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Transfer of Sentenced Persons in Europe: Much Ado About Reintegration

NCJ Number
Punishment & Society Volume: 11 Issue: 1 Dated: January 2009 Pages: 111-128
Eveline De Wree; Tom Vander Beken; Gert Vermeulen
Date Published
January 2009
18 pages
This study evaluated the goals of the transfer instruments to discover if they were reflected in the policies’ implementation and application.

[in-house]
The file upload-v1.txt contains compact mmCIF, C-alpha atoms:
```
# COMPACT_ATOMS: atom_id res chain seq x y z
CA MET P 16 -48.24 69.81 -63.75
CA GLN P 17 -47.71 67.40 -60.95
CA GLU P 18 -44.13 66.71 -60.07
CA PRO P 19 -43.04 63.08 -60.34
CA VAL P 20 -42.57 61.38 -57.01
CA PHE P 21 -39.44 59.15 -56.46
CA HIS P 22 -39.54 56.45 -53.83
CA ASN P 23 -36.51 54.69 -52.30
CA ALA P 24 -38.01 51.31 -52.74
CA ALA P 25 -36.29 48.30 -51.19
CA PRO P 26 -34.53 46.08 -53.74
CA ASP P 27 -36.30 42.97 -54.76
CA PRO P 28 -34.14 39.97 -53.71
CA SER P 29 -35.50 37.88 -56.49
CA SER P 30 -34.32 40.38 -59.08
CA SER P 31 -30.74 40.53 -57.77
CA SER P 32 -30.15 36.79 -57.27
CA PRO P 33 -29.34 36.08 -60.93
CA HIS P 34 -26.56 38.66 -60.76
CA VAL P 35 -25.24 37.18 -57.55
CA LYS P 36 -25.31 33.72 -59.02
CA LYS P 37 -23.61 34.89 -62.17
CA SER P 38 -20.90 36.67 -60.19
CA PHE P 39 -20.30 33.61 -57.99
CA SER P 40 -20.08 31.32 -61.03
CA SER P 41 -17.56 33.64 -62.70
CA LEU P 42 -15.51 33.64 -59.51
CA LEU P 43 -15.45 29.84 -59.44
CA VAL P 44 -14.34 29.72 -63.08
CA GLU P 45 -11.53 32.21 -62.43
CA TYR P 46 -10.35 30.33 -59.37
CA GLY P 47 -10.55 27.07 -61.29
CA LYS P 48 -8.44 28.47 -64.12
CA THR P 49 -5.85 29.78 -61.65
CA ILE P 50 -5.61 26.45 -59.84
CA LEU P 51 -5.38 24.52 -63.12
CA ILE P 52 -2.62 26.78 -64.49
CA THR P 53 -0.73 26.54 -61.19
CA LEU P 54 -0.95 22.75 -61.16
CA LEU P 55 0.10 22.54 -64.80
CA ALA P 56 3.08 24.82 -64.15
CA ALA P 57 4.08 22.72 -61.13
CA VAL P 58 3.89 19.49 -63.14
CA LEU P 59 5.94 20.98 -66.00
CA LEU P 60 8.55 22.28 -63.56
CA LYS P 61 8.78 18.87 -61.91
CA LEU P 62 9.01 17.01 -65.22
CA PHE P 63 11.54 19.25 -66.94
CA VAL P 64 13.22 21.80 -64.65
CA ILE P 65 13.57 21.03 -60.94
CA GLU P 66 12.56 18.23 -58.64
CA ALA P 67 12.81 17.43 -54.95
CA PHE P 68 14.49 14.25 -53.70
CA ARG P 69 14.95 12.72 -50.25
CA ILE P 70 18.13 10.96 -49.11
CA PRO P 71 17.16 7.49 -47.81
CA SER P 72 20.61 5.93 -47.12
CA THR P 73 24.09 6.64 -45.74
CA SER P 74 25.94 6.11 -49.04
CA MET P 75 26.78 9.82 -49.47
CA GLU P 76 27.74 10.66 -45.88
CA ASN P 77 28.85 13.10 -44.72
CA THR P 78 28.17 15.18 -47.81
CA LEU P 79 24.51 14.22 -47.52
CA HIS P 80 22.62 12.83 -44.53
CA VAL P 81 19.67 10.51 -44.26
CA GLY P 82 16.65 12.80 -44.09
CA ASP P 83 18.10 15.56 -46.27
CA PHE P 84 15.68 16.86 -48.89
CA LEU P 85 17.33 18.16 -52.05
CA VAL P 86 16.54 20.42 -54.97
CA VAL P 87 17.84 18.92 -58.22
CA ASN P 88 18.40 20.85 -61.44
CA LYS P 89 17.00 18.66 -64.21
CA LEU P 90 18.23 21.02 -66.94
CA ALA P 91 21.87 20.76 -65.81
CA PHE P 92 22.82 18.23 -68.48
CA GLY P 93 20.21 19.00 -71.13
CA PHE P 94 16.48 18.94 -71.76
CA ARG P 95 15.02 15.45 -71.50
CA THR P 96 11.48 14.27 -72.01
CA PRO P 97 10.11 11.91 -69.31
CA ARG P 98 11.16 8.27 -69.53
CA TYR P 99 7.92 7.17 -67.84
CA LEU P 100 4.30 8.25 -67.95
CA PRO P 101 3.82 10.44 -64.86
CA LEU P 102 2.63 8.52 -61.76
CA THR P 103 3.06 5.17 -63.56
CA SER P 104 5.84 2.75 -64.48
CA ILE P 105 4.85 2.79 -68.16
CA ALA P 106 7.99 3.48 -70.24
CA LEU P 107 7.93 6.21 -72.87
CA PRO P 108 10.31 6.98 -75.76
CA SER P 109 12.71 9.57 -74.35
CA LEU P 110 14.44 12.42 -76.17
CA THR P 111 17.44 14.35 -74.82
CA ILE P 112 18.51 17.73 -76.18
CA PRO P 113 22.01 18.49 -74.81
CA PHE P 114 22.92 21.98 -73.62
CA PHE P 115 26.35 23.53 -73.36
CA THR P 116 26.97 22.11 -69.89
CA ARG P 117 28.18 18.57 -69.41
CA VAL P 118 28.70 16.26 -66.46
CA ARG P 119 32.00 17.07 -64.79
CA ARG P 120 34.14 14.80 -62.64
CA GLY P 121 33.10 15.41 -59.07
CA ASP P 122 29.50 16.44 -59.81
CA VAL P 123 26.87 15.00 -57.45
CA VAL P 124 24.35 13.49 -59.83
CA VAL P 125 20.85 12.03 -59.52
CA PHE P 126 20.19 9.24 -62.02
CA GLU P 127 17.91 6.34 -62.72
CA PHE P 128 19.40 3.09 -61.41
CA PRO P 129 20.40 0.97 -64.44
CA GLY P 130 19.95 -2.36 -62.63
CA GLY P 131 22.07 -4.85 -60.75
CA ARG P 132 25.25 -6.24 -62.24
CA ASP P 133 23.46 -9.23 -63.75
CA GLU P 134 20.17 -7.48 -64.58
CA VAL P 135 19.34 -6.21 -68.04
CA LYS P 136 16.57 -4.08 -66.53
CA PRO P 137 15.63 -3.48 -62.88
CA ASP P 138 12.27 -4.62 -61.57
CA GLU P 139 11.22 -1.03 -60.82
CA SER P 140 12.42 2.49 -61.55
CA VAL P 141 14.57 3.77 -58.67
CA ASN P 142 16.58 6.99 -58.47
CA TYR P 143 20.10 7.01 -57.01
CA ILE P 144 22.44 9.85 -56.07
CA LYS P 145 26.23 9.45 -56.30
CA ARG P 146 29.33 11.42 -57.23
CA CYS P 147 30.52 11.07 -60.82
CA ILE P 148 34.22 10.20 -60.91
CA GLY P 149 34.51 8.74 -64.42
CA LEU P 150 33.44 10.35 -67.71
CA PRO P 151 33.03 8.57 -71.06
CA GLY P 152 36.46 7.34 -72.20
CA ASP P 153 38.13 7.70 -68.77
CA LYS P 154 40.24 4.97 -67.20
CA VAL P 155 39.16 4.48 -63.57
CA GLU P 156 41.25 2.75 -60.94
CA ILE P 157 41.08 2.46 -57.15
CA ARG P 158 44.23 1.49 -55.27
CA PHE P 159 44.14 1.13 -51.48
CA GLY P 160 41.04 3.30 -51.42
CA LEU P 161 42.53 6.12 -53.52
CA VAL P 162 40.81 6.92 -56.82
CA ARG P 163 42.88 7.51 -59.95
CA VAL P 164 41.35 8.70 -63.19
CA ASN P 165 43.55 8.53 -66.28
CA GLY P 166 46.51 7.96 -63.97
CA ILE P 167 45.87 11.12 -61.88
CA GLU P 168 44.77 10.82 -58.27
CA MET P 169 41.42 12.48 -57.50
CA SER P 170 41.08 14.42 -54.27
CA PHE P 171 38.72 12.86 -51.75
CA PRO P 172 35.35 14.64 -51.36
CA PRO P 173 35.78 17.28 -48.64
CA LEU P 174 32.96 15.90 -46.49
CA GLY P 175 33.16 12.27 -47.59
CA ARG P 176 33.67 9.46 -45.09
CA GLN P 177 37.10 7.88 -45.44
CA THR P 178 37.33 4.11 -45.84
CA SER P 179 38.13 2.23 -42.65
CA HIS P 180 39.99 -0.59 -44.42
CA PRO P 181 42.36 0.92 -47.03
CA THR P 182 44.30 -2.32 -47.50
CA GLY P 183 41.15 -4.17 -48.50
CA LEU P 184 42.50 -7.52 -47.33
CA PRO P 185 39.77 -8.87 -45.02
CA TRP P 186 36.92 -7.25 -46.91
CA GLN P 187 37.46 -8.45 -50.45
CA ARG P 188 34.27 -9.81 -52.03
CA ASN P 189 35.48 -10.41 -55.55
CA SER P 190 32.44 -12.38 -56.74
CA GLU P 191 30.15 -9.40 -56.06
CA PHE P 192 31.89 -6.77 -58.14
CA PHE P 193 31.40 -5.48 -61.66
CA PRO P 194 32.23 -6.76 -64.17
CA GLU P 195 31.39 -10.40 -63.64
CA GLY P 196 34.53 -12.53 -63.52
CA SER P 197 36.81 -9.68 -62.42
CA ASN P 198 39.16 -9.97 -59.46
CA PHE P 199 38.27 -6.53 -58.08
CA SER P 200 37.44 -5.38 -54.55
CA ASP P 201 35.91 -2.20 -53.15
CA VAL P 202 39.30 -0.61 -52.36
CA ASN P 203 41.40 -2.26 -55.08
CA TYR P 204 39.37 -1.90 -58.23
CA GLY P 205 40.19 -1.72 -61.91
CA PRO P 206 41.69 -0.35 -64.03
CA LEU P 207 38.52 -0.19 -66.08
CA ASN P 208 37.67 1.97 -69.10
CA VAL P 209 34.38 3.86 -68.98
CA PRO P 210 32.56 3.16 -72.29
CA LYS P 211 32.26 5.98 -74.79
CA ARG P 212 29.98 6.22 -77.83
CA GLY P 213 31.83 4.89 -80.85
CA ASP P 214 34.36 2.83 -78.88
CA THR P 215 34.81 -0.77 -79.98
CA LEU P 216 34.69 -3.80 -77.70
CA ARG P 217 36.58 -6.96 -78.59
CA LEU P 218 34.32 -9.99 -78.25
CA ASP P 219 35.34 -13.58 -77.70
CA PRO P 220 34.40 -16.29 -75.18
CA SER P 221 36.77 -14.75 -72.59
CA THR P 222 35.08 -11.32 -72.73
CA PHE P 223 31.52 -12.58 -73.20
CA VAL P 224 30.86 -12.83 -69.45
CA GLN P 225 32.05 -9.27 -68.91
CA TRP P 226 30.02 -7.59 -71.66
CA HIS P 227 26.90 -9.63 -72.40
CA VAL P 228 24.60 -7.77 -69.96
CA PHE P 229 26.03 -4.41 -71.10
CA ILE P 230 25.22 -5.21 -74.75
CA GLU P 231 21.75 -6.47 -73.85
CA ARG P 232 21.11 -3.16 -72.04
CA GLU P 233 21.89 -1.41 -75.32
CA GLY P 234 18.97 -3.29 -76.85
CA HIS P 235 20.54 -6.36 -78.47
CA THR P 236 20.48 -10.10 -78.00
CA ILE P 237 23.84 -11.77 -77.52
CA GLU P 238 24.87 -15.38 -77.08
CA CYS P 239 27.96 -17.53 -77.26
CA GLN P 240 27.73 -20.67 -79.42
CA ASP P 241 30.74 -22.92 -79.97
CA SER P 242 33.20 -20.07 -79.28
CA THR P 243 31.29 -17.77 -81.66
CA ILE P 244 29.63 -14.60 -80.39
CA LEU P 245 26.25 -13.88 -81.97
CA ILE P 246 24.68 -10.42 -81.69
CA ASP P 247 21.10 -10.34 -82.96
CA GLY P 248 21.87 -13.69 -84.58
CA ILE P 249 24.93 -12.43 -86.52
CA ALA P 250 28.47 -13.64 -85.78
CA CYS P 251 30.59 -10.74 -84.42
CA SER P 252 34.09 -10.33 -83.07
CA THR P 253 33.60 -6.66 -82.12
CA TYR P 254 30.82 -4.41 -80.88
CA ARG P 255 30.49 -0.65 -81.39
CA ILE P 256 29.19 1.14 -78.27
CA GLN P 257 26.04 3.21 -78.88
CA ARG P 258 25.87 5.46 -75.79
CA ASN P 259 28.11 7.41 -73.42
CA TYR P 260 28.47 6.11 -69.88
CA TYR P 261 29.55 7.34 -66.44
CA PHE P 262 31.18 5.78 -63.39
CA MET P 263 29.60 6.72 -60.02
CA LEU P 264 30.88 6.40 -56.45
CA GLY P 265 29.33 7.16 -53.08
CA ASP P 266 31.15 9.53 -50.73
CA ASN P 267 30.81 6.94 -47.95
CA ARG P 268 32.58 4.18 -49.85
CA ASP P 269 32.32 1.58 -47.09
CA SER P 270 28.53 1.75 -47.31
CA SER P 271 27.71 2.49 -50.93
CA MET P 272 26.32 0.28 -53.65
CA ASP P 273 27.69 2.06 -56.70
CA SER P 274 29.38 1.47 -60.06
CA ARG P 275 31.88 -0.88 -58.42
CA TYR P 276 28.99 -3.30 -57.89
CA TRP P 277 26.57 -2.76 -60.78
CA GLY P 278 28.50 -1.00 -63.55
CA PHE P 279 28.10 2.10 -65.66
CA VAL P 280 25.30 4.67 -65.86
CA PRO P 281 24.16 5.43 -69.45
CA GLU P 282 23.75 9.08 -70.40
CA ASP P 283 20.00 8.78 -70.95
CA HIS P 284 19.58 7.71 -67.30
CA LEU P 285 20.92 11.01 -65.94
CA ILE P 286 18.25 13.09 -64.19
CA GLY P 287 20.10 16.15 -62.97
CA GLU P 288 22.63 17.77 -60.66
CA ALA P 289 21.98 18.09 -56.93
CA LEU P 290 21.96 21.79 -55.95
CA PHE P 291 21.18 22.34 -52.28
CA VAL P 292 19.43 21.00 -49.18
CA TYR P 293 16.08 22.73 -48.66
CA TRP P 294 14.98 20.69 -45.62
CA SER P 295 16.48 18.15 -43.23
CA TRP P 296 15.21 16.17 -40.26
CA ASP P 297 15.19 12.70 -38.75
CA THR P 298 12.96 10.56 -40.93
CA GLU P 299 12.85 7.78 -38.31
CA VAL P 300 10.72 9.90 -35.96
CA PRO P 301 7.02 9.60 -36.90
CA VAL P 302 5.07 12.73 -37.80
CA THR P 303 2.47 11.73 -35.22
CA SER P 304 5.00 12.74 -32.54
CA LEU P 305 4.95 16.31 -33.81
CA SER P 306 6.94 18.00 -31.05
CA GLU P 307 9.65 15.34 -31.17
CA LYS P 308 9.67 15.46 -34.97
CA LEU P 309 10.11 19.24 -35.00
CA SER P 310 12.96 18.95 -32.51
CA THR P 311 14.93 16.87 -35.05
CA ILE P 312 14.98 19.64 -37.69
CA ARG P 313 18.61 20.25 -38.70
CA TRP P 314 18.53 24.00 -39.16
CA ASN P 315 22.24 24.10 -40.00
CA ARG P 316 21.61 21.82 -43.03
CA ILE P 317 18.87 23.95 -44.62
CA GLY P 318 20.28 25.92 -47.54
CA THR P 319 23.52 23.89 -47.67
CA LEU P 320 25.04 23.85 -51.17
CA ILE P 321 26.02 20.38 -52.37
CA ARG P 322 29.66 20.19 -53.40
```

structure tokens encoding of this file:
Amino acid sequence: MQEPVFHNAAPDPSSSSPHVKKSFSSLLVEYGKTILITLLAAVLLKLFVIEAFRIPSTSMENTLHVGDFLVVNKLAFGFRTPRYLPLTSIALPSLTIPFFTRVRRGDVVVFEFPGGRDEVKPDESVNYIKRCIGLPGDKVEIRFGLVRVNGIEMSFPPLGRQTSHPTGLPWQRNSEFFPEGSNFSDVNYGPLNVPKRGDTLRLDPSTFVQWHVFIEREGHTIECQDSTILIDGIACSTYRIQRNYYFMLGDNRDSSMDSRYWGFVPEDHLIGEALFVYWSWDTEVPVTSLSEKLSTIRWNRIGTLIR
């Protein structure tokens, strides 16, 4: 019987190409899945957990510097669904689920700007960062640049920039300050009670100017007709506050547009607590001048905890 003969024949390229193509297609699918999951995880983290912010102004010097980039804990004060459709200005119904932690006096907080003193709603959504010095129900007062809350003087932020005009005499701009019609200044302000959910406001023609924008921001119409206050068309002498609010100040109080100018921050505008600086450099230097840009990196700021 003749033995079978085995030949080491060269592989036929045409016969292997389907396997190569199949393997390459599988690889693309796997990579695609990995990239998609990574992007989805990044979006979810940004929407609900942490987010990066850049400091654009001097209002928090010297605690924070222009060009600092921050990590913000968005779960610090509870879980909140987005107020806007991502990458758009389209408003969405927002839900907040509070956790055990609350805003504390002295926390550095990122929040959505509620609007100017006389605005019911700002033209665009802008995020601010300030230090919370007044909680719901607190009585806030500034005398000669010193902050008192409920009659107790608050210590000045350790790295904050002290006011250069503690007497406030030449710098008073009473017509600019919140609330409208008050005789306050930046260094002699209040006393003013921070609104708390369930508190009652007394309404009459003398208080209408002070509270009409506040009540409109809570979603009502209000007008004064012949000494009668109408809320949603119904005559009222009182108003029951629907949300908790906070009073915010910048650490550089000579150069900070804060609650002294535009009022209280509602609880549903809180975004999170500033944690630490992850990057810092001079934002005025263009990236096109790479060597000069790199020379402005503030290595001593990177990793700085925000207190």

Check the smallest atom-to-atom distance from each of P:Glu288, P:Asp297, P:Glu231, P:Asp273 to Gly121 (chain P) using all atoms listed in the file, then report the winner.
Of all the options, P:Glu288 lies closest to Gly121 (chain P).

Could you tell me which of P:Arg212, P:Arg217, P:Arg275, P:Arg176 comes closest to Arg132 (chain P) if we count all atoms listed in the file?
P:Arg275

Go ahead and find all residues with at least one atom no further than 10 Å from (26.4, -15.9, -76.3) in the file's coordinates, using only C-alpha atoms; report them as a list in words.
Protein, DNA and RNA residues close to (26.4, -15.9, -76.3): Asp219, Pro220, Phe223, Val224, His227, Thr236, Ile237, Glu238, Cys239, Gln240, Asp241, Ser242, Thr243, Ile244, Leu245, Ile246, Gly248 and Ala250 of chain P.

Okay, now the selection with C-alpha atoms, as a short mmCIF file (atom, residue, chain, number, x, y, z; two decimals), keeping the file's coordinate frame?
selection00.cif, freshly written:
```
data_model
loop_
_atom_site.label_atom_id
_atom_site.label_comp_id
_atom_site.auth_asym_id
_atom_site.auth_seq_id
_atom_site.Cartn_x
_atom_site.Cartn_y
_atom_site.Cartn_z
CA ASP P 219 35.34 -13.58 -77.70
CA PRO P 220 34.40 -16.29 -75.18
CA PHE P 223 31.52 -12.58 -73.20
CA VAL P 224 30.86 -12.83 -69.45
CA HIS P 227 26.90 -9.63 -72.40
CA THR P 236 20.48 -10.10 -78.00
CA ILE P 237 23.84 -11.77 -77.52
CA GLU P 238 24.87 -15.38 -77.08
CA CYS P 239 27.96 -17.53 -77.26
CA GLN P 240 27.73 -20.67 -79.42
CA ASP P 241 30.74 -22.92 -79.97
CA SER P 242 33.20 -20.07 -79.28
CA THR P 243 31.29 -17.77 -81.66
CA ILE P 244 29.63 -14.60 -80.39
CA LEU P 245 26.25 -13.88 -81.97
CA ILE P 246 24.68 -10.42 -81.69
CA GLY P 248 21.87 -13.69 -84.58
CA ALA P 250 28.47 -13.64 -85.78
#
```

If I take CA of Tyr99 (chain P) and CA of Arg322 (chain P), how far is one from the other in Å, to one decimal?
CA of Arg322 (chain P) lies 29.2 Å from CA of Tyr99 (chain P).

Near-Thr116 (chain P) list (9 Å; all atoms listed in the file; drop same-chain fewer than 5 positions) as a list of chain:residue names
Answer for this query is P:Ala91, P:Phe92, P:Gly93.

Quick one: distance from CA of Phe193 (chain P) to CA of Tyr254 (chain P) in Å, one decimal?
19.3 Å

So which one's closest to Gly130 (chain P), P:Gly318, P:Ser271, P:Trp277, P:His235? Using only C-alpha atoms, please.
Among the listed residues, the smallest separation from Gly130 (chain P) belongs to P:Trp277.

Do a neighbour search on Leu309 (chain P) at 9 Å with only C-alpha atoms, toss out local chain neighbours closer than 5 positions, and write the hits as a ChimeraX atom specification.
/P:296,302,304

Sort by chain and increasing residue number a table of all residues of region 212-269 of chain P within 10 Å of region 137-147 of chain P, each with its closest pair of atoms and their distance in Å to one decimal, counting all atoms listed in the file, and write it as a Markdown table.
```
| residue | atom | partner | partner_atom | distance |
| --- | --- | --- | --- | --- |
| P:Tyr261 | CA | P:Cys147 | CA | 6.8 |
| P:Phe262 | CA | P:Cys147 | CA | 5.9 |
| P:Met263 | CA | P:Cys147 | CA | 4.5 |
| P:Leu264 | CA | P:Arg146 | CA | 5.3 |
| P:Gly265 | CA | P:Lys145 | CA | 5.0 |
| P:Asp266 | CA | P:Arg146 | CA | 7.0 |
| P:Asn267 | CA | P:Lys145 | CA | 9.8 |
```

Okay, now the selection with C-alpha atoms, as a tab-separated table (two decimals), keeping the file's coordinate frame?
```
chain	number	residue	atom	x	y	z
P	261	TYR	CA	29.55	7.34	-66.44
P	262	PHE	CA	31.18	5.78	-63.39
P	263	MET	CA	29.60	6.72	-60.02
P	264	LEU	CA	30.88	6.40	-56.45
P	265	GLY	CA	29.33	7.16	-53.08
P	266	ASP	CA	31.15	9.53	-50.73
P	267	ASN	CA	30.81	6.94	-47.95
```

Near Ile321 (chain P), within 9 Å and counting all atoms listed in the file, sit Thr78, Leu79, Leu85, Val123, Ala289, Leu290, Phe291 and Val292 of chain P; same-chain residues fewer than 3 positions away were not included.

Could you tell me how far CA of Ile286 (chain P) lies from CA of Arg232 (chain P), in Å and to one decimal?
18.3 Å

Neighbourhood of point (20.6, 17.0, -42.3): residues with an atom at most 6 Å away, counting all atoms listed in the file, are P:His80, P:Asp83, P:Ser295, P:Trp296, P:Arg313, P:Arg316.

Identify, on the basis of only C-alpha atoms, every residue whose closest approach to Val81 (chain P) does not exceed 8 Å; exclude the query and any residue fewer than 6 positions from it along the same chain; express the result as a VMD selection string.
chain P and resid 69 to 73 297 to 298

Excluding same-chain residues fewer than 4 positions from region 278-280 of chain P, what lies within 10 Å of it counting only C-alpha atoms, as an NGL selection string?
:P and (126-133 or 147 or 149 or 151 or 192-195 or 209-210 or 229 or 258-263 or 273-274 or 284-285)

In recent years new instruments have been developed in Europe that allow sentenced persons to be transferred to their country of nationality/origin or permanent residence where the sentence is then carried out. Findings suggest that the intrinsic components of the rehabilitative framework are present in the prevailing regulations with substantial attention devoted to the societal bonds of an offender. Currently, the Transfer Convention is the most important instrument and allows some room for subjectivity in the decisionmaking process. Before a decision is taken the personal motivation of an offender is taken into account, as sentenced persons currently have a veto right that allows them to prevent a transfer against their will. Even when such consent will no longer be required (the proposed Framework Decision), it will still be necessary to consult them. Not all components of reintegration were incorporated in the prevailing regulations; the subsidiarity of the prison sentence is only mentioned in the Supervision Convention (and Framework Decision). The transfer instruments also contain elements that are contrary to the philosophy of reintegration; there is very little room for sentenced persons to initiate a transfer. The transfer of sentenced persons could be an important tool for improving offenders’ reintegration prospects; not all aspects of rehabilitation are present in the current regulations and in the future, they will be devalued even more. Figure, notes, and references